Pedestrians wearing face masks cross a road in Hong Kong on Jan. 27. Photo: Anthony Wallace/AFP via Getty Images
Crude oil prices fell to their lowest levels in over three months Monday as traders weigh how much the spread of the coronavirus will eat into demand because travel and economic activity is curtailed.
Why it matters: The sharp drop, which follows declines last week, shows how the spreading virus is rippling through global markets.
- Brent crude has declined by roughly $7-per-barrel over the last week and is currently trading around $58.29.
- "I think we’re close to peak hysteria, so yes the move is justified. We’re in full panic mode," Global Risk Management trader Edward Marshall tells the Wall Street Journal.
The intrigue: OPEC and allied producers "have held preliminary discussions about making deeper cuts to oil production if the fallout from the coronavirus outbreak keeps weighing on crude prices," the Financial Times reports this morning.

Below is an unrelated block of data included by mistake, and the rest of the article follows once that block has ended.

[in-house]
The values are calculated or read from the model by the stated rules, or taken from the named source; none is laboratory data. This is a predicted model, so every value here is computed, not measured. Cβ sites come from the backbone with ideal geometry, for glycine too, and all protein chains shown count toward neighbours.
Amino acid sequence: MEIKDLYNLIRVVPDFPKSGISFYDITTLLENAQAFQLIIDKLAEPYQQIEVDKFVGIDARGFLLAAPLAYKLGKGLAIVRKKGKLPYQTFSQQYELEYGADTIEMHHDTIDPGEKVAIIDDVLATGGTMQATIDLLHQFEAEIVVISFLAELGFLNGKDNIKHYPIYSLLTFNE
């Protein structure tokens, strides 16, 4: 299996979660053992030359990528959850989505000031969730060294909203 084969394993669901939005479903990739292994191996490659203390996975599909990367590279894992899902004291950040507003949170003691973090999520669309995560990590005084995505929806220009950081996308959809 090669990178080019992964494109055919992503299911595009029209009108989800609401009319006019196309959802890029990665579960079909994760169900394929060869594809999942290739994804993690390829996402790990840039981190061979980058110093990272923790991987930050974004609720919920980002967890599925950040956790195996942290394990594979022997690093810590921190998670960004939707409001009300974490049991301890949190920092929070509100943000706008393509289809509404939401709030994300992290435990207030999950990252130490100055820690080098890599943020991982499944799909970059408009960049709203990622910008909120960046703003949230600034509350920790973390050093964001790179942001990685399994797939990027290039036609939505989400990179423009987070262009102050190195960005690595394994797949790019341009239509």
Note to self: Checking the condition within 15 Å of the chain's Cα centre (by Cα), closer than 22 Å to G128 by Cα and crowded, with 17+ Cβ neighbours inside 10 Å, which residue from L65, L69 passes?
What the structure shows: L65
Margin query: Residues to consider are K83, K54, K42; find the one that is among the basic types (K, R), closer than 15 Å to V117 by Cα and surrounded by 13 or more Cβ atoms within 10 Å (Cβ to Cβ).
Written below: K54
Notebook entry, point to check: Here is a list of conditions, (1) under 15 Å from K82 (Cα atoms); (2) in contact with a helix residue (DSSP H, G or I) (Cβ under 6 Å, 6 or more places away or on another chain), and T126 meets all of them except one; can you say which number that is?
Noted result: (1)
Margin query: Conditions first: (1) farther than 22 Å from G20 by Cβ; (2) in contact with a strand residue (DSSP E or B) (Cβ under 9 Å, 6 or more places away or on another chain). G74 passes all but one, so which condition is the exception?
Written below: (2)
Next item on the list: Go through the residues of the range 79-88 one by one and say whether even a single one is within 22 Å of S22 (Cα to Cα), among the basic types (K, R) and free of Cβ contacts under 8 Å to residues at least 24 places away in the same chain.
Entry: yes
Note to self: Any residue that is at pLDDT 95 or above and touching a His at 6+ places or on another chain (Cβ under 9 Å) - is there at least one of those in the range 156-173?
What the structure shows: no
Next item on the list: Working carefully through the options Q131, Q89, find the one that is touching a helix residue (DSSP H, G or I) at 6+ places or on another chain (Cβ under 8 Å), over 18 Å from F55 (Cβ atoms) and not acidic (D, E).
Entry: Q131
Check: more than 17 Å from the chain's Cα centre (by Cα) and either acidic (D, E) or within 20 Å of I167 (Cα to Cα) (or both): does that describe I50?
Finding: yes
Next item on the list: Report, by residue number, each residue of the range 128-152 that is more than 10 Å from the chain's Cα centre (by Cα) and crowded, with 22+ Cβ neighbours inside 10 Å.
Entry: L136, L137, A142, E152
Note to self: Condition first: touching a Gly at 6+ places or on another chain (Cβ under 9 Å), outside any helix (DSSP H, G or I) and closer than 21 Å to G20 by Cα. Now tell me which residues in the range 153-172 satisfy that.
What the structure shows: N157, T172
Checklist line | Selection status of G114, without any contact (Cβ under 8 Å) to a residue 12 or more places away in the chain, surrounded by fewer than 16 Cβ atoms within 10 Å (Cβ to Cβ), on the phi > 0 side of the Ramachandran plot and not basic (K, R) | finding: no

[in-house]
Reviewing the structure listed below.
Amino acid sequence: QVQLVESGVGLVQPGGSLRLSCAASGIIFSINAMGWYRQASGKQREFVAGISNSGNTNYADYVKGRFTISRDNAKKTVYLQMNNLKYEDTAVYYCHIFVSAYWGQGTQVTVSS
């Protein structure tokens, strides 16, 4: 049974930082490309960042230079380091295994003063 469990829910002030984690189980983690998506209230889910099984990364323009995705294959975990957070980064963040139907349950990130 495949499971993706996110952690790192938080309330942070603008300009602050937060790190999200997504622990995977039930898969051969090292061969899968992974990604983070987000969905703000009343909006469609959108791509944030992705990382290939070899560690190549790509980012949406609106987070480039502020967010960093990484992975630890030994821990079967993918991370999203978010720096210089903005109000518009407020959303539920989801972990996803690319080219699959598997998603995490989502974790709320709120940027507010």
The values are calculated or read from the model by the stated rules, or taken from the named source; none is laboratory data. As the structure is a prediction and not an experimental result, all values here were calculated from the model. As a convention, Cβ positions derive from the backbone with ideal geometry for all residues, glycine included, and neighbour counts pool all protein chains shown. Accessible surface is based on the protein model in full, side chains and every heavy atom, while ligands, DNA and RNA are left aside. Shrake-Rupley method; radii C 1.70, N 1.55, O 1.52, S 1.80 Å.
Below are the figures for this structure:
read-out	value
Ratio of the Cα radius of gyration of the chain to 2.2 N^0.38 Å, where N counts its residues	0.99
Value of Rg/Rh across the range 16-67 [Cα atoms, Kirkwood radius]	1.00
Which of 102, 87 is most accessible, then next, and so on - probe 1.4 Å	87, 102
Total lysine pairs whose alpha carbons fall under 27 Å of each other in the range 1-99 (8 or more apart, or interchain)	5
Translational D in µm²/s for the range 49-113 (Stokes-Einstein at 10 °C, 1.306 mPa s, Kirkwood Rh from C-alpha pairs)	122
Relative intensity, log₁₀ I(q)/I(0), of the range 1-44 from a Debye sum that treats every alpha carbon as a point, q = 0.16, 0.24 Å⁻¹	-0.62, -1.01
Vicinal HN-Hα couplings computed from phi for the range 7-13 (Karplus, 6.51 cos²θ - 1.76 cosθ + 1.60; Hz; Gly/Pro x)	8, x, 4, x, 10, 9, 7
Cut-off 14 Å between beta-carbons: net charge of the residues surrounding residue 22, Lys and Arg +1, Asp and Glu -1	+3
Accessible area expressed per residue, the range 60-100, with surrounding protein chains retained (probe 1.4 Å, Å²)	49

What they're saying: Saudi Energy Minister Abdulaziz bin Salman sought to downplay concerns about the virus having a major effect on oil consumption.
- "[T]he current impact on global markets, including oil and other commodities, is primarily driven by psychological factors and extremely negative expectations adopted by some market participants despite its very limited impact on global oil demand," he said in a statement.